PhD defence on "Biases in Natural Language Processing"
SODAS PhD student Terne Sasha Thorn Jakobsen will defend her dissertation "Biases in Natural Language Processing" on Friday 31st March 15.30-18.30 CET
Title: Biases in Natural Language Processing
Date: 31st March at 15.30-18.30 CET
Abstract: ”In recent years, Machine Learning and Natural Language Processing (NLP) systems have been found to discriminate against minority groups in many aspects, albeit showing high performance on popular benchmarks. The thesis examines challenges of evaluation and data collection protocols that may result in biased systems and overestimated real-world performance. We studied spurious correlations in an Argument Mining system that aimed to recognise arguments (and generalise) across several debating topics but succeeded to do so due to spurious correlations, that were not reflected through standard evaluation protocols. We then re-annotated data for this same task with four annotation guidelines and by annotators of different gender identities and political beliefs, finding indications of socio-demographic annotator bias, the extend to which depended on the annotation guidelines. Following these findings, we experimented with a change in the annotation guideline, aiming to reduce annotator bias, and finding this to be a highly complex aim. Through the experiments, we gained new perspectives on annotator bias and we propose a method for recognising individual annotators’ biases without the need for large sample sizes. We extended the knowledge of annotator bias phenomena to popular model explainability methods, recognising that current approaches to benchmarking model explanations – that are often used to detect spurious correlations and unfair patterns – might hold some of the same issues of bias. We re-annotated data for sentiment classification and common-sense reasoning tasks, with socio-demographically diverse annotator information, and present preliminary results indicating that the current benchmarking approach disfavours minority groups. Lastly, since peer-review for NLP conferences has been criticised for its arbitrariness and biases, we conducted surveys of authors’, reviewers’ and editors’ issues and ideals, and we provide actionable recommendations for improving peer-review. Collectively, these studies bring new insights to the role of bias in text data for NLP, and they contribute with new data that enable further research of bias and fairness of NLP systems, of explainability methods and of conference peer-review.”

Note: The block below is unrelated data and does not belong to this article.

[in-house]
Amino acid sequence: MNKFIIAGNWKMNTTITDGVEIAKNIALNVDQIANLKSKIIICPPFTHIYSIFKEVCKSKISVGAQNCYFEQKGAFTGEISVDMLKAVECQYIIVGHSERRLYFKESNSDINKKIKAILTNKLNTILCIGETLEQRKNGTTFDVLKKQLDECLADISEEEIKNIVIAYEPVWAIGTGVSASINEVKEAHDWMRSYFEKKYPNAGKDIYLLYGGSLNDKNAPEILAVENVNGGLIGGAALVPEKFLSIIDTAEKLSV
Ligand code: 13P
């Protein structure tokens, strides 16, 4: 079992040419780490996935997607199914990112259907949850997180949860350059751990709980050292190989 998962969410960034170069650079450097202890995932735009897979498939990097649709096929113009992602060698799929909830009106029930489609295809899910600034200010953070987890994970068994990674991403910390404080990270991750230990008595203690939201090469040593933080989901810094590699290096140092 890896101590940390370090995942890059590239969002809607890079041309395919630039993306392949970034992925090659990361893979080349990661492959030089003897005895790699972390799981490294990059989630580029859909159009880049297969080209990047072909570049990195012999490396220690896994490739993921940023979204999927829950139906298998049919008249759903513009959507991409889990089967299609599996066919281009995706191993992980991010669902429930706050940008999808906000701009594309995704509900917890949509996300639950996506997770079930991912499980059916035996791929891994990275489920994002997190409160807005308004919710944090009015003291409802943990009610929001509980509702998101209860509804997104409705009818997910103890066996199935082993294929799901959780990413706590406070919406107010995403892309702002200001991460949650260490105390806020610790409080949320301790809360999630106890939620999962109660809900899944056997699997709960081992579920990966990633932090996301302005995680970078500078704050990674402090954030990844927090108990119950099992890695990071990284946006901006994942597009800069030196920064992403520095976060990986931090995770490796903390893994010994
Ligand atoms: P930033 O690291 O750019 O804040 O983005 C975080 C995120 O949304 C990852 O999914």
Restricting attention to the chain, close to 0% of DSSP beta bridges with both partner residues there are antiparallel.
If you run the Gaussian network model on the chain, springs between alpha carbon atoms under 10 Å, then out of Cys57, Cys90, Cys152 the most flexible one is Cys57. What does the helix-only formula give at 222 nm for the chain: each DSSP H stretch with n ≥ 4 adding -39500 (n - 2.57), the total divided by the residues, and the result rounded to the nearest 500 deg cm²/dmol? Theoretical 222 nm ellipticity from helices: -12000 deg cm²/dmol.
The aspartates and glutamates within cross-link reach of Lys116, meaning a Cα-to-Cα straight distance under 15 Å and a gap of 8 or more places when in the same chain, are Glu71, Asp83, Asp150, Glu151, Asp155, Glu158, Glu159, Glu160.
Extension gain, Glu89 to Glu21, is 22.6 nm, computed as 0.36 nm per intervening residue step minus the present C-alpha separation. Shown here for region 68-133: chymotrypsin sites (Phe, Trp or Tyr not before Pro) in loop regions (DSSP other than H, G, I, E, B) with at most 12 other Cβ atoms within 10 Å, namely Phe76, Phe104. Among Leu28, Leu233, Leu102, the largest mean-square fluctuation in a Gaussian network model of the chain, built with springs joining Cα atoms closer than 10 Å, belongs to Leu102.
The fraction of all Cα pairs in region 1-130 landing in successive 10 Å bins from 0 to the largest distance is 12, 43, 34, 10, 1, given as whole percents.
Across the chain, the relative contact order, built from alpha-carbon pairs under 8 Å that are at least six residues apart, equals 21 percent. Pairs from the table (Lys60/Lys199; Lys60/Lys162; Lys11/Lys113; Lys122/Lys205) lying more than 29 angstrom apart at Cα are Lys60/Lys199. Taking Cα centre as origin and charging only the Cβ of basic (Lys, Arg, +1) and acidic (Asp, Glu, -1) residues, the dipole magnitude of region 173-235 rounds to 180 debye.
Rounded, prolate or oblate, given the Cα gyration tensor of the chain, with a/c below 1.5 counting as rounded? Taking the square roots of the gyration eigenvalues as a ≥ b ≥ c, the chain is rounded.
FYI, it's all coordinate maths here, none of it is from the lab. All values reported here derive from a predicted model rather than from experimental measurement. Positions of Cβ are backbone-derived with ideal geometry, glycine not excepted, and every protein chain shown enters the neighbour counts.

The defence takes place in CSS 1.1.02 and is followed by a reception in CSS 1.1.12.